Bosses create the culture of the workplace. Their behavior influences the behavior of others positively or negatively.
It’s human nature for employees to draw conclusions about who they think their bosses really are by assessing their quirks, idiosyncrasies, and behavior patterns— the windows into the person behind the title.
The hashtag game
Comedian Jimmy Fallon, former Saturday Night Live writer and performer, is the host of the talk show, Late Night with Jimmy Fallon. Each week he invites his viewers to play the hashtag game. This week he announced it on his show and then tweeted:
@jimmyfallon Let’s play the hashtag game! Tweet out something weird about your current or former boss & tag with #mybossisweird. Could be on our show!
Not every boss is weird but each of them (us) is likely to have behaviors that might annoy, shock, or disturb employees. Prevailing peculiarities start to become part of our brands until they become perceptions we can’t shake. When that happens, our career trajectory can be affected.
Here are a few of the #mybossisweird tweets from Jimmy Fallon’s game. Each reveals deeper career implications, as I see them. Please add yours.
@potatobi #mybossisweird my boss has no idea what twitter is but he found out his competitors had it so I had to make a fake account and follow them
This boss looks to be out-of-touch, disinterested in new technology, prone to shortcuts, and more interested in appearance than substance. If this is his/her approach to every new innovation in the marketplace, s/he’s in trouble.
@loolyloo77 #mybossisweird calling me on my annual leave because she wants some info for the urgent report she forgot to submit weeks ago!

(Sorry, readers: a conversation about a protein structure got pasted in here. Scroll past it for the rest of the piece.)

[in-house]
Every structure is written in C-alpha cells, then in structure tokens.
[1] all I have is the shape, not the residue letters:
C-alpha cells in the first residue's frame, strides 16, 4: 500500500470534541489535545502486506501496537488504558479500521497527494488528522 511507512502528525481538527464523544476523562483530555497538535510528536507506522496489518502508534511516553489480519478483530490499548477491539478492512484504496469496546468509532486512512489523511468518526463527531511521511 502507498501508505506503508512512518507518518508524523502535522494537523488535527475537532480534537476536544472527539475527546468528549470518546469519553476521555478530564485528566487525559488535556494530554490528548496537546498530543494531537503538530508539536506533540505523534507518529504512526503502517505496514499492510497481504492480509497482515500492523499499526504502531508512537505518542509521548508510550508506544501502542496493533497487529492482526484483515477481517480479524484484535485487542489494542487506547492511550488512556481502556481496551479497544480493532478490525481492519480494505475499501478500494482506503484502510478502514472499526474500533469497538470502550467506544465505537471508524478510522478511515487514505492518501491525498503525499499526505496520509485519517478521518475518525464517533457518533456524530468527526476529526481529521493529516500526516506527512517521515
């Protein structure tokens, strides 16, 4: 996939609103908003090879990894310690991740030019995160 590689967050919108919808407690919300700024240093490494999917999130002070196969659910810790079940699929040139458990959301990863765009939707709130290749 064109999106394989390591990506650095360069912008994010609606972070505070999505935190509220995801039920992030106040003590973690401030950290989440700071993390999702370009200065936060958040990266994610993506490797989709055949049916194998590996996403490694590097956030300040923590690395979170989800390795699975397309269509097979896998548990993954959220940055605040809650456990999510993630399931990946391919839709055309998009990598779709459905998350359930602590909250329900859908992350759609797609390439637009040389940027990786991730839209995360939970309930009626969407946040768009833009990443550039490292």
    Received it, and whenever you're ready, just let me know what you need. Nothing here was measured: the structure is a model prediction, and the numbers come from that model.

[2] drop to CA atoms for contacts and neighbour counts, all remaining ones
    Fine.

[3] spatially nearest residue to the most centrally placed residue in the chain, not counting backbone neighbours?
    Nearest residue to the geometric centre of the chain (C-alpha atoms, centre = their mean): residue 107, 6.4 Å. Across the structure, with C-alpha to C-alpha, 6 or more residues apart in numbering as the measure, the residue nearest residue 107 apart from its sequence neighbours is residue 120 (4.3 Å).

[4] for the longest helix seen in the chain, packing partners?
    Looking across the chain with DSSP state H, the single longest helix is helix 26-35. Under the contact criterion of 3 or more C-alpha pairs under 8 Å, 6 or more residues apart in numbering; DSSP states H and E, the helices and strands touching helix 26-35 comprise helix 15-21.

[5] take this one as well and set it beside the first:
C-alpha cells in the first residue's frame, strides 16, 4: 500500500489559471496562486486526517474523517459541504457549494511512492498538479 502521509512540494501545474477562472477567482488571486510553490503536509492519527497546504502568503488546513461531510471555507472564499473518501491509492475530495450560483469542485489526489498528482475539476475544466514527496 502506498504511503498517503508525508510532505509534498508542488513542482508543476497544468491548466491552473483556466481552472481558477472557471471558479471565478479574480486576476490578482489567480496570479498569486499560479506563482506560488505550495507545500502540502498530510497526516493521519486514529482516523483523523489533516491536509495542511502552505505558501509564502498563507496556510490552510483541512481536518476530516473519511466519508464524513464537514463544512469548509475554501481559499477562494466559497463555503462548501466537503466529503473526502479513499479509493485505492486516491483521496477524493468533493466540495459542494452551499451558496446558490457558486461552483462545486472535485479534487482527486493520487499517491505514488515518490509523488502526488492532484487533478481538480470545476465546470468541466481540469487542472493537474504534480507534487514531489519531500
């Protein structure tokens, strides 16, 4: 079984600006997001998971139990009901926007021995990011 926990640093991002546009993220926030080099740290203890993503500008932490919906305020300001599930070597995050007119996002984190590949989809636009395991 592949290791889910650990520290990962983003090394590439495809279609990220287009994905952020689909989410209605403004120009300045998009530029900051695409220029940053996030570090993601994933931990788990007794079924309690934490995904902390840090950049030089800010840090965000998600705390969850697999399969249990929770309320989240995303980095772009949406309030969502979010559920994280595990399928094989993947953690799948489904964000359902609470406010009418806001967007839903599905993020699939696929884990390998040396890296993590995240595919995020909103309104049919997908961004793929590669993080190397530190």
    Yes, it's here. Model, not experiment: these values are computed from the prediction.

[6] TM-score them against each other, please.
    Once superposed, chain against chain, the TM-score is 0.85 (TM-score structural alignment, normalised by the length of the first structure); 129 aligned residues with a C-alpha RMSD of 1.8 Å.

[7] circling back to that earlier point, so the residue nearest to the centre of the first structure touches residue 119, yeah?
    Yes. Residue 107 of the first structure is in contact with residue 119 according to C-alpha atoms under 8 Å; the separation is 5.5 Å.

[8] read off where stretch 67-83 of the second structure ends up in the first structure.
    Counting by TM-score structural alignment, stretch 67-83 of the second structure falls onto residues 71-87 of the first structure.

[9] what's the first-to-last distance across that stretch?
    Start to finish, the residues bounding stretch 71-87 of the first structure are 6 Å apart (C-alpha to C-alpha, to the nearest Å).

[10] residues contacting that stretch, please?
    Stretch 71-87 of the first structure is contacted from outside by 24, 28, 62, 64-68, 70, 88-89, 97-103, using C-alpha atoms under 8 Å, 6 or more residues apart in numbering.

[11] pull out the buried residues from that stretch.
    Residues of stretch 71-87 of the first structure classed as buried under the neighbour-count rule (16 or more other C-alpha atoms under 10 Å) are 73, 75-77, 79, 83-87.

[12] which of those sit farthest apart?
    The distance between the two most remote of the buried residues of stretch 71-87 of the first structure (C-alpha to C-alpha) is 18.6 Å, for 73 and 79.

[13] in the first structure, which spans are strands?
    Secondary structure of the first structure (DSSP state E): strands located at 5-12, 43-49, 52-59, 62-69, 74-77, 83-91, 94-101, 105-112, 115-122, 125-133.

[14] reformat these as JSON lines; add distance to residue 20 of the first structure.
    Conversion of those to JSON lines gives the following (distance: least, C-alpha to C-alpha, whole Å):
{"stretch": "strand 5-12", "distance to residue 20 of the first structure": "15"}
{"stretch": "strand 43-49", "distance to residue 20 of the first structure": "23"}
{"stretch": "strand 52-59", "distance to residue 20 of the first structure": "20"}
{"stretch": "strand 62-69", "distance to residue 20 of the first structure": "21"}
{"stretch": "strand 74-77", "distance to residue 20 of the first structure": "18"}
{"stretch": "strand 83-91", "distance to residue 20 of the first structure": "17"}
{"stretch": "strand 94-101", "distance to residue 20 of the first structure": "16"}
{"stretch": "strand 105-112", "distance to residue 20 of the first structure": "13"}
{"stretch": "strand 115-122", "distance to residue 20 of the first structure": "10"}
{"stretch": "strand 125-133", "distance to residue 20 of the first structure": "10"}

@JessicaJourney A former boss once sought me out in the restroom to ask me about progress on a work project. #mybossisweird
Both of these bosses seem to suffer from panic, that feeling that s/he has to have access to information immediately, a sign of poor planning or no backup when employees are unavailable. Worse though is the lack of regard for each employee’s personal and private time. These are “the world revolves around me and my needs” bosses. In short order that gets old, employees get the word out, and in time the boss’s effectiveness erodes.
@MeetingBoy: #mybossisweird When he gets nervous, he insists on DAILY STATUS MEETINGS, then complains: not much gets done between meetings
Over-controlling, unable to delegate, micro-managing, and ineffective describe this boss. S/he is likely insecure as a boss and the employees know it. That will get around along with the indicators of stalled productivity.
@NicLuna When my boss is asked a question he stays quiet and stares at the person blankly until they repeat the question #mybossisweird
This boss comes across as playing some kind of “gotcha” game that will ultimately alienate employees and seriously limit two-way communication with him/her. Eventually, this “tick” will become fuel for the “comics” in the company who will imbed it into the boss’s brand.
@TheREALMsWright #mybossisweird b/c when people approach her desk, she says: “What’s the deal?” instead of “How can I help you?” It’s a professional office.
Professional behavior by the boss is important to employees. It verifies company standards and contributes to a sense of pride in their work. When the boss uses language that is incorrect, inappropriate, or inconsistent with expectations, it reflects on the boss’s values and attitudes.
One person’s weird is another’s unprofessional. The challenge to every boss is to understand how their behavior comes across to employees.
Our job is to create a positive climate that enables each employee to perform his/her work with minimal distraction and maximum confidence.
What our employees think and say about us have a powerful cumulative effect on our careers and our brands. Although it probably won’t be funny, we should try to stand out in a #mybossiswonderful hashtag game.
Photo from The_WB via Flickr